The subjects were then required to eat these diets, not a calorie more or less, for six days.

A National Institutes of Health official hailed the study as providing “invaluable evidence on how different types of calories affect metabolism and body composition”. Google News referenced more than 200 entries about the study in the first three days after publication.

What made the headlines? That the subjects lost more fat by restricting dietary fat than they did by restricting the same number of carbohydrate calories.

“Scientists (sort of) settle debate on low-carb vs low-fat diets”, as The Washington Post put it.

But whether the evidence was invaluable, as the National Institutes of Health claimed, depends on a number of issues. Is the experience of six days relevant to what happens over months, years or a lifetime?

Can humans survive (and if so, for how long) on a diet of 8% fat? The Food and Agriculture Organisation of the United Nations has said 15% is the lower limit. And is a diet with about 30% carbohydrates sufficiently restricted to be considered a low-carb diet?

Those who argue that refined grains and sugars cause obesity believe that losing meaningful weight requires far more significant changes in the quality of carbohydrates consumed (far less refined) and in the amount (less than 20%, perhaps less than 10%).

By inflicting caloric deprivation for only six days, the researchers seem to have decided that hunger — the biological response to caloric deprivation — is irrelevant to how we should think about a weight-loss diet.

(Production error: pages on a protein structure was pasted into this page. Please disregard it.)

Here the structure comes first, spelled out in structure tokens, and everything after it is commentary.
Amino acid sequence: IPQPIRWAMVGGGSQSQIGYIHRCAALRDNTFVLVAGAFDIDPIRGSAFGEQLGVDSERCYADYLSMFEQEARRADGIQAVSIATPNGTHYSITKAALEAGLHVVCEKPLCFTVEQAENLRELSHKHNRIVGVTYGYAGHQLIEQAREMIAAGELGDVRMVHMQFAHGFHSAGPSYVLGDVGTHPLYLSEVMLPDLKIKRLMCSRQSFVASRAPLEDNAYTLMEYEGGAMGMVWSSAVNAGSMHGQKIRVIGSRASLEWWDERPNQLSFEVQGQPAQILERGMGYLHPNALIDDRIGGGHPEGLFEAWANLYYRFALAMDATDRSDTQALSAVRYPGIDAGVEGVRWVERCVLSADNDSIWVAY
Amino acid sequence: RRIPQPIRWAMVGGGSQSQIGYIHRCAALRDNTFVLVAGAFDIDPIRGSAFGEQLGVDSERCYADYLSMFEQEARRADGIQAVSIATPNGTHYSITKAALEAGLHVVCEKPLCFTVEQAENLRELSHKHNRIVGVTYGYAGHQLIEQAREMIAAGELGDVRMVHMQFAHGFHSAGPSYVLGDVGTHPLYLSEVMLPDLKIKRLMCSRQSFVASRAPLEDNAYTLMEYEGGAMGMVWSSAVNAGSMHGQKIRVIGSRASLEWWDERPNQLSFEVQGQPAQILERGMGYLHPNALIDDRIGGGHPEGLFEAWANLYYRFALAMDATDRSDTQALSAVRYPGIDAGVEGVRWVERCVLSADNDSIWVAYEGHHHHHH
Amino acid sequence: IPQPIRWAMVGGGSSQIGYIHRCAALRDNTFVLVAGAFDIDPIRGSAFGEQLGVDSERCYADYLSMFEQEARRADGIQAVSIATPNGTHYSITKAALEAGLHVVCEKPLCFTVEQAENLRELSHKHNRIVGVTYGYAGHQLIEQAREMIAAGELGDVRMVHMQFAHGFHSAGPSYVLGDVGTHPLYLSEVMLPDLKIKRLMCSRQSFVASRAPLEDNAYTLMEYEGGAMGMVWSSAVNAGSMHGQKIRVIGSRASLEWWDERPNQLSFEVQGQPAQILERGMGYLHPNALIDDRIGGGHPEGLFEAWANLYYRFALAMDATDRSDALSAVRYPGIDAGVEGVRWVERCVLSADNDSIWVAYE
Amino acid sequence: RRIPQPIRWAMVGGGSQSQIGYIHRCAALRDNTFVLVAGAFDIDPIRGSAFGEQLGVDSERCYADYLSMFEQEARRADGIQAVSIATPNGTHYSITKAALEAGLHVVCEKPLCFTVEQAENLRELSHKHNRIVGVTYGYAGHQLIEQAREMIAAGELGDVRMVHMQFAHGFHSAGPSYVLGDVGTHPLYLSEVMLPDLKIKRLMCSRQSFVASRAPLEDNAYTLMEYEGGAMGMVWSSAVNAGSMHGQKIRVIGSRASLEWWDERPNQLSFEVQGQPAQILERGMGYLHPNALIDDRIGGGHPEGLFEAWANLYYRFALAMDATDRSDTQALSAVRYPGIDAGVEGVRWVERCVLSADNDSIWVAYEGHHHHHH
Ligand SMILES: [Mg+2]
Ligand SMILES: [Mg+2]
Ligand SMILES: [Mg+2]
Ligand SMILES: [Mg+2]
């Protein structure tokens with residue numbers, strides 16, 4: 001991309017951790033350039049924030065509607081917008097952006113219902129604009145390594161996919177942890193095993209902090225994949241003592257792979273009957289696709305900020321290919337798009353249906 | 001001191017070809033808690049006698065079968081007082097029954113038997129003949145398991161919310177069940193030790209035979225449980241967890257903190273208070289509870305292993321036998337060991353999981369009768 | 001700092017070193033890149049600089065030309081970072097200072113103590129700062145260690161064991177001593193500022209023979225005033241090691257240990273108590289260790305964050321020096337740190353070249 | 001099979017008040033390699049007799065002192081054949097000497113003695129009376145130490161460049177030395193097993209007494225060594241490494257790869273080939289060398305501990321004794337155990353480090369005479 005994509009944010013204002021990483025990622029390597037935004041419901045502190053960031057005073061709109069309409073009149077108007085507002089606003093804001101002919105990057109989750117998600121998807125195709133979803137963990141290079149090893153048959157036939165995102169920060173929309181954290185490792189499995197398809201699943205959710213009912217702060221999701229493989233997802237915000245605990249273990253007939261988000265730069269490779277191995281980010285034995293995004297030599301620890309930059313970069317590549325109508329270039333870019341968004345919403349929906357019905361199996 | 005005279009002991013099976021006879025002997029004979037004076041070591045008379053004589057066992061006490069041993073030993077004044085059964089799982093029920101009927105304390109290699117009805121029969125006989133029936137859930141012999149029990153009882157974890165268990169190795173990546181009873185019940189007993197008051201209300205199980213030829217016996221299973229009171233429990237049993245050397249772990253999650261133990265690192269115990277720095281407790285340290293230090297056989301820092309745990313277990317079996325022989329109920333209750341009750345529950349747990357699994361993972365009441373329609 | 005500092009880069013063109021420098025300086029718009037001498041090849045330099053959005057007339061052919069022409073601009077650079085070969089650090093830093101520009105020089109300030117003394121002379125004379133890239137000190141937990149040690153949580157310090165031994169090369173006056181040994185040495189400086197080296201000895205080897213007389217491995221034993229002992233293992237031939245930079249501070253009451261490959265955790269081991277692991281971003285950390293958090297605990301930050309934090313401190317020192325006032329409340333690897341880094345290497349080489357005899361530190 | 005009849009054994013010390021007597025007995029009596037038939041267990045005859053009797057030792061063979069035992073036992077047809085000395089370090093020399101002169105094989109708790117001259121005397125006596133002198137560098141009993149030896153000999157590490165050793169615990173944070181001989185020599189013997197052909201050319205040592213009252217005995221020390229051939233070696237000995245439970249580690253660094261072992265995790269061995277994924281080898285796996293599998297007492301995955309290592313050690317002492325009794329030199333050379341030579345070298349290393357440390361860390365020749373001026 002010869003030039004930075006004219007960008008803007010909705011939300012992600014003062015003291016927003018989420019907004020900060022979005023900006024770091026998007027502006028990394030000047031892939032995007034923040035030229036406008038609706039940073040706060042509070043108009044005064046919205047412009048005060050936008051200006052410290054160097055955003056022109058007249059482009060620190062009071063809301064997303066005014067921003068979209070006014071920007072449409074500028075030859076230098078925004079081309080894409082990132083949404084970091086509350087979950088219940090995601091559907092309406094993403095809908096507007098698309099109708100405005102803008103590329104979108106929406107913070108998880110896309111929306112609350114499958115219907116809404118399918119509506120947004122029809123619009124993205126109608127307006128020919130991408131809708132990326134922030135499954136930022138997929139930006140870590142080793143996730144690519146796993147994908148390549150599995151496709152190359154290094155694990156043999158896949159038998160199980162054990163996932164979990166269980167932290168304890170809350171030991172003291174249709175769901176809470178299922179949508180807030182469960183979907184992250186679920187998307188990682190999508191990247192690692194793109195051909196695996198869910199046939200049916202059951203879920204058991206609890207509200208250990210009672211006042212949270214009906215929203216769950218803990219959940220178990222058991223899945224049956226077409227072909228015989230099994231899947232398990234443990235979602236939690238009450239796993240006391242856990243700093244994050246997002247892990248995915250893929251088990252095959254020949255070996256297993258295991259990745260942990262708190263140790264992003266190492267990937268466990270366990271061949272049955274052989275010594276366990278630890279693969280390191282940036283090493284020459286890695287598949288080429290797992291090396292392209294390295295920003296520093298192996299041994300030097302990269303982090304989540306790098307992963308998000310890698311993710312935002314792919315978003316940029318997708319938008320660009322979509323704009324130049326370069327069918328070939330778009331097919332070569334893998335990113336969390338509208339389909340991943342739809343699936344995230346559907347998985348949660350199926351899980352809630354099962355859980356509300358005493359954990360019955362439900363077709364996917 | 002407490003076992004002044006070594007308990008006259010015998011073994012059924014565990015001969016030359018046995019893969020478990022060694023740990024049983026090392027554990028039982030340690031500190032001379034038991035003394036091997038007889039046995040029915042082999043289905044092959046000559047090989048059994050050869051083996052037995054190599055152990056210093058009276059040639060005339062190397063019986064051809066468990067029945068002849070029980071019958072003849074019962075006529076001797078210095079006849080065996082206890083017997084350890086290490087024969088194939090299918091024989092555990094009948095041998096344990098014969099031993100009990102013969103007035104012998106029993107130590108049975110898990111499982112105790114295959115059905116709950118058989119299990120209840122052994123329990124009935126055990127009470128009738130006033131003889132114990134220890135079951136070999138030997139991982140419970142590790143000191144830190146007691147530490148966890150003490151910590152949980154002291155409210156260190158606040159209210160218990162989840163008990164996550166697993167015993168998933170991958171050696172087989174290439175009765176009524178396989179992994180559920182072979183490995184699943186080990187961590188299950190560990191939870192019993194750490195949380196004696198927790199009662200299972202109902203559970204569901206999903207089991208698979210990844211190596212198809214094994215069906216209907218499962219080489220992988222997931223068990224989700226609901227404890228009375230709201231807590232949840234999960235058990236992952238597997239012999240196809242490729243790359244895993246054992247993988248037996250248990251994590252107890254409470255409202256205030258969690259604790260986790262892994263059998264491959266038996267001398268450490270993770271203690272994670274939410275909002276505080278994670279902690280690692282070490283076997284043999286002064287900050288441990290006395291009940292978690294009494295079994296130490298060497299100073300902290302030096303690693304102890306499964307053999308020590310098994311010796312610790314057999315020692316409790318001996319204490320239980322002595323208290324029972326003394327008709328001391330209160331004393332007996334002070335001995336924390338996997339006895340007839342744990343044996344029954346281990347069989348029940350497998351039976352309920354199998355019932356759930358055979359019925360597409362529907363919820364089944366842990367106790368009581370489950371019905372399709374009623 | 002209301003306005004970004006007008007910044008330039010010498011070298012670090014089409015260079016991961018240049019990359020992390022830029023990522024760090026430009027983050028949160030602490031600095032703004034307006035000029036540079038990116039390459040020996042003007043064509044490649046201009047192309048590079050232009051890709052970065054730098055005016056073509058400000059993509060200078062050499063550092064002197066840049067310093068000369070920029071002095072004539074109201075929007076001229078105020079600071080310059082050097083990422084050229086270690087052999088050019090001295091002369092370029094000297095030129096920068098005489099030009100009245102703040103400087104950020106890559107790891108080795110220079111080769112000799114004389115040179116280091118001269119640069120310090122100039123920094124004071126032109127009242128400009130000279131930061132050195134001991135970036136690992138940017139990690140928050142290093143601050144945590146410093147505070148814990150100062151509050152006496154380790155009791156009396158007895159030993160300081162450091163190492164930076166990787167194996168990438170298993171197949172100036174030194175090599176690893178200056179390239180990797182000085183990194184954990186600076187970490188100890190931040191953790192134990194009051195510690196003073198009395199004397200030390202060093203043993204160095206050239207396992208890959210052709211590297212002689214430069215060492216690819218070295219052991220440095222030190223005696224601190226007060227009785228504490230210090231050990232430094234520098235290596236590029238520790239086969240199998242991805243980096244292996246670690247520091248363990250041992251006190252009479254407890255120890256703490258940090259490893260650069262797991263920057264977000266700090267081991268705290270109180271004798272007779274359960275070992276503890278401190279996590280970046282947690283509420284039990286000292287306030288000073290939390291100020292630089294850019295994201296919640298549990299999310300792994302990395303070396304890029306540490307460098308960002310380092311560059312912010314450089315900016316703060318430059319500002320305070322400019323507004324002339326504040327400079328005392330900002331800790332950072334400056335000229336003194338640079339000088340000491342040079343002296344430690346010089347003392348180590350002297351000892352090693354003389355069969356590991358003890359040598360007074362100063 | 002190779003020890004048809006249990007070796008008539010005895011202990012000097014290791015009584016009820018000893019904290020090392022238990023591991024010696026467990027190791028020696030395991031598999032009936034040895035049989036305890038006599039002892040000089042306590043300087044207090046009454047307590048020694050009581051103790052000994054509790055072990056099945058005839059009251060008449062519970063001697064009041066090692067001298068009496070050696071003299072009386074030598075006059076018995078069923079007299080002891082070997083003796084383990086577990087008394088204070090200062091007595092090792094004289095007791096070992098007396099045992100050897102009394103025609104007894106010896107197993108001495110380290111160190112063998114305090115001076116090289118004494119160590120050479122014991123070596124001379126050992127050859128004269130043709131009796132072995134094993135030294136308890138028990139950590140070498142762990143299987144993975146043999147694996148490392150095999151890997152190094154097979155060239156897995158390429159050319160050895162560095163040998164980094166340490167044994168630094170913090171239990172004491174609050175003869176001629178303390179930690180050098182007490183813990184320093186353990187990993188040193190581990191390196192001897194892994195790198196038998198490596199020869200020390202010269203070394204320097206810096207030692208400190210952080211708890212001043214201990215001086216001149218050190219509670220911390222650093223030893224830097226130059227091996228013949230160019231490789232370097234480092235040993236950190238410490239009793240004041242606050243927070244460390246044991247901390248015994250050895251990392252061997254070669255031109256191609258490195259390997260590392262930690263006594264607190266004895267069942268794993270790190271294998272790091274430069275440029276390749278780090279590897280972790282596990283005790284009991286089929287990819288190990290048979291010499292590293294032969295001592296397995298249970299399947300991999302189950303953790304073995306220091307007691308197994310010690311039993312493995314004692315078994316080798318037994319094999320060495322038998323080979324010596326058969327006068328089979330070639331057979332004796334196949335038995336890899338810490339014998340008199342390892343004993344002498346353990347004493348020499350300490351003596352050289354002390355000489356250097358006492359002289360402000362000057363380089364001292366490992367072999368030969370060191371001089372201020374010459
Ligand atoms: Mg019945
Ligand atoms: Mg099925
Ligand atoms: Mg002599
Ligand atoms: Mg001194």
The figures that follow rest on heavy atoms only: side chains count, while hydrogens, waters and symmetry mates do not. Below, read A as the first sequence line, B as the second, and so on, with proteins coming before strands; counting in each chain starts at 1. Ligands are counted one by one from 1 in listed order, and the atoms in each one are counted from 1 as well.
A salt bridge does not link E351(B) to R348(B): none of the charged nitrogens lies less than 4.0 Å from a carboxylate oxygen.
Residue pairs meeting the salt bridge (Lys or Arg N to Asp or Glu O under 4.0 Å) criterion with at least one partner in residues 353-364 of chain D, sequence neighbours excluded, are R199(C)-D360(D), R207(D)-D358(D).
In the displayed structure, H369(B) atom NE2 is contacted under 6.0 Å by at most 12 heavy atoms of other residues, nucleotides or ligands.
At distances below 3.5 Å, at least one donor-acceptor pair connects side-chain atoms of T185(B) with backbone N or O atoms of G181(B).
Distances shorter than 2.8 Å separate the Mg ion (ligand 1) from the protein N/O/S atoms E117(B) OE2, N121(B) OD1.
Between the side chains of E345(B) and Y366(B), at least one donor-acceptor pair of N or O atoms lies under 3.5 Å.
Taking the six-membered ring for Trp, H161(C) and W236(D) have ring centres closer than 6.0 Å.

The low-fat diet of the National Institutes of Health experiment had significantly less fat (8% vs 17%) and only 350 more calories a day than the diet on which the Minnesota researchers drove their conscientious objectors to the point of character neurosis and mental breakdowns.

It had more protein, too. But the history of diet studies (and human populations) suggests caloric deprivation is unsustainable.

That humans or any other organism will lose weight if starved sufficiently has never been news. The trick, if such a thing exists, is finding a way to do it without hunger so weight loss can be sustained indefinitely.

A SELLING point for carbohydrate-restricted diets has always been that you can eat to satiety; counting calories is unnecessary, so long as carbohydrates are mostly avoided.

But this advice raises a pair of obvious questions: if people on low-carb diets eat less, why aren’t they hungry? Where’s the semi-starvation neurosis? And if they don’t eat less, why do they lose weight? It implies a mechanism of weight loss other than caloric deprivation and suggests that the carbohydrates and fats consumed make a difference.

Questions about the relationship between calories, macronutrients and hunger have haunted nutrition and obesity research since the late 1940s. But rarely are they asked.

Much of the obesity research for the past century has focused on elucidating behavioural techniques that could induce the obese to eat less, tolerate hunger better, and so, by this logic, lose weight. The obesity epidemic suggests that it has failed.

New York Times